I'll probably continue using your Team and other core modules utilizing OO as my reference. I hope other core modules get converted to OO sometime in the future. I think some mod devs use XOOPS dev code as their reference. Something like mydownloads and mylinks would be a great referece, since news (extends xoopsstory), xoopspoll, etc. don't seem complex and large enough to give a good reference for OO modules. Something as complex as your Teams module in OO utlizing XOOPS' object classes would be perfect. I hope you get around to it sometime. =)


jackt

Just popping in
Posted on: 2004/4/12 9:17
jackt
jackt (Show more)
Just popping in
Posts: 31
Since: 2002/6/2 2
#7

Re: Object-Oriented 3rd Party Modules?

I've been thinking the same thing. As I begin to write my first module, I notice that a huge majority of 3rd party (and some core modules) don't seem to use OOP. They do use core classes, but some, like the downloads and links module don't use OOP.

I started my module without utilizing objects, then and stopped and thought that my code could be cleaner and more organized if I used objects. Then I sought an existing complex OOP module as reference and couldn't find what I wanted. Some of the core modules use OOP, and almost none of the modules in the downloads section (sorting by popularity desc) used modules.

Mithrandir's "Team" module is a pretty good module to use as reference. A lot of object use there, but it seems differently implemented than the core modules. The team module doesn't extend the XoopsObject class, while the core ones do. So you end up having a lot of methods retrieving internal variables, setting internal variables, etc. when XoopsObject has methods to do this with less code. I'm not knocking Mithrandir's module, but when you have different implementations to utilizing OOP, it's quite hard to know where to begin, or how you should approach something. Should you use XoopsObject or not? Because, whether you do or don't your corresponding code looks different.

Doing my module straightforward seemed pretty easy, but when you want to take the objects route it gets increasingly complicated. XOOPS supplies you with things to help you within its framework, but when do you use it? Should it be used more often? I would think so considering a major feature of XOOPS is that it's OOP, but module devs don't seem to be using it.

PS: OOP isn't the best or most efficient way of doing everything, but where you would think it would be good to be used it seems the dev community isn't.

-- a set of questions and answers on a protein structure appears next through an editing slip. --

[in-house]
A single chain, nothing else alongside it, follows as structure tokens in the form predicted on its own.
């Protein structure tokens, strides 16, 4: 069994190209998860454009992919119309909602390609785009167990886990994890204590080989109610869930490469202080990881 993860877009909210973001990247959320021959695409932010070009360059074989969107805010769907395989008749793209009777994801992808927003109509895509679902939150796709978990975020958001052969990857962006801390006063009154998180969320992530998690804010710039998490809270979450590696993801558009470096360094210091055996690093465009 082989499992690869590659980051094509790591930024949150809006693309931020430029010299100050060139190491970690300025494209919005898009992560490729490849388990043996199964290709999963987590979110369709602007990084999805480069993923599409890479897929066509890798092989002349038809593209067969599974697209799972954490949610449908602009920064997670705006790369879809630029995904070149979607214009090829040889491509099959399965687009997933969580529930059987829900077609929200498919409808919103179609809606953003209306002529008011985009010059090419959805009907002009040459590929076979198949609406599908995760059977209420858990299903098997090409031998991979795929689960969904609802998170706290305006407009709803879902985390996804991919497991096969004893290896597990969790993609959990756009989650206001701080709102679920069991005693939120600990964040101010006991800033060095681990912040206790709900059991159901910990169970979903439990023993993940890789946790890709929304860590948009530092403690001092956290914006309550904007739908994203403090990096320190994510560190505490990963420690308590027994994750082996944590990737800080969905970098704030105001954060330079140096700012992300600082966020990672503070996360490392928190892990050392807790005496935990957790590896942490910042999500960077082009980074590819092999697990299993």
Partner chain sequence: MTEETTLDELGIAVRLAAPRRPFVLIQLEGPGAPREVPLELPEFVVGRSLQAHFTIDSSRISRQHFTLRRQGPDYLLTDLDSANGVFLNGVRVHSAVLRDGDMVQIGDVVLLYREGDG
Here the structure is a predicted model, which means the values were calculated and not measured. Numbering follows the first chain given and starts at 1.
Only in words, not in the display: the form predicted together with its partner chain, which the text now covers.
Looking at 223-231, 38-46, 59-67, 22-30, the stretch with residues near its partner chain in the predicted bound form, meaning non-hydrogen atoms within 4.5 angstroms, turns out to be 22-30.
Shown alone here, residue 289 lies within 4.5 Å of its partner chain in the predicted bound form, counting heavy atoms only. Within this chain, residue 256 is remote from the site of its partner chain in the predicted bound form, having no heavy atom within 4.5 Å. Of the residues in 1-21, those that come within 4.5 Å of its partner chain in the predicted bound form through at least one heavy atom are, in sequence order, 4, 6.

jackt

Just popping in
Posted on: 2003/3/3 11:34
jackt
jackt (Show more)
Just popping in
Posts: 31
Since: 2002/6/2 2
#8

Re: remembering logins?

I'd like to know as well.


jackt

Just popping in
Posted on: 2003/2/25 18:12
jackt
jackt (Show more)
Just popping in
Posts: 31
Since: 2002/6/2 2
#9

Re: remembering logins?

I understand how this could be a security risk, but I think it should be an option for the site admin. I myself find it really annoying that I need to re login at xoops.org every time I visit it. The system at work and home are both my systems and are not public system. I'm aware of who uses my system and I know to logout when I finish. I know if that I set a cookie to keep me logged in at all times, that it'd be relatively secure. I think the trade off between security and convenience should be up to the site admin. I'd definitely want my users to be able to be logged in at all times. I'll risk some users who don't know better leaving their cookies on a public machine, if it'll convenience the majority of my userbase and promote user interaction/participation, then I'll opt for that.

The truth is that people are lazy. I've often found myself wanting to reply to something in these forums, and then find there's no reply button because I'm not logged in. Sure it only takes you only a few seconds to log in, but by then I think that my reply isn't worth the logging in time, or that I'll do it another time. Just look at the Who's Online module. Right now there's 5 memebers and 24 guests. I'll bet you that some of those 24 guests are just not logged in. Imagine the amount of members you'd be able to see online if you didn't force people to login so often.


jackt

Just popping in
Posted on: 2003/2/25 17:55
jackt
jackt (Show more)
Just popping in
Posts: 31
Since: 2002/6/2 2
#10

Re: remembering logins?

Well.. upon registration the admin could enter a key. The key could be used as a seed to encrypt the user string. Though I think the password stored in the MySQL database is a md5 hash of the password you enter on registration. So then the server doesn't even have your original password. I suppose you could also encypt the md5 hash of your password as well. Could be done, if you lose that key or change it all those cookies will be invalid. But I guess at worst is you'd need to login again.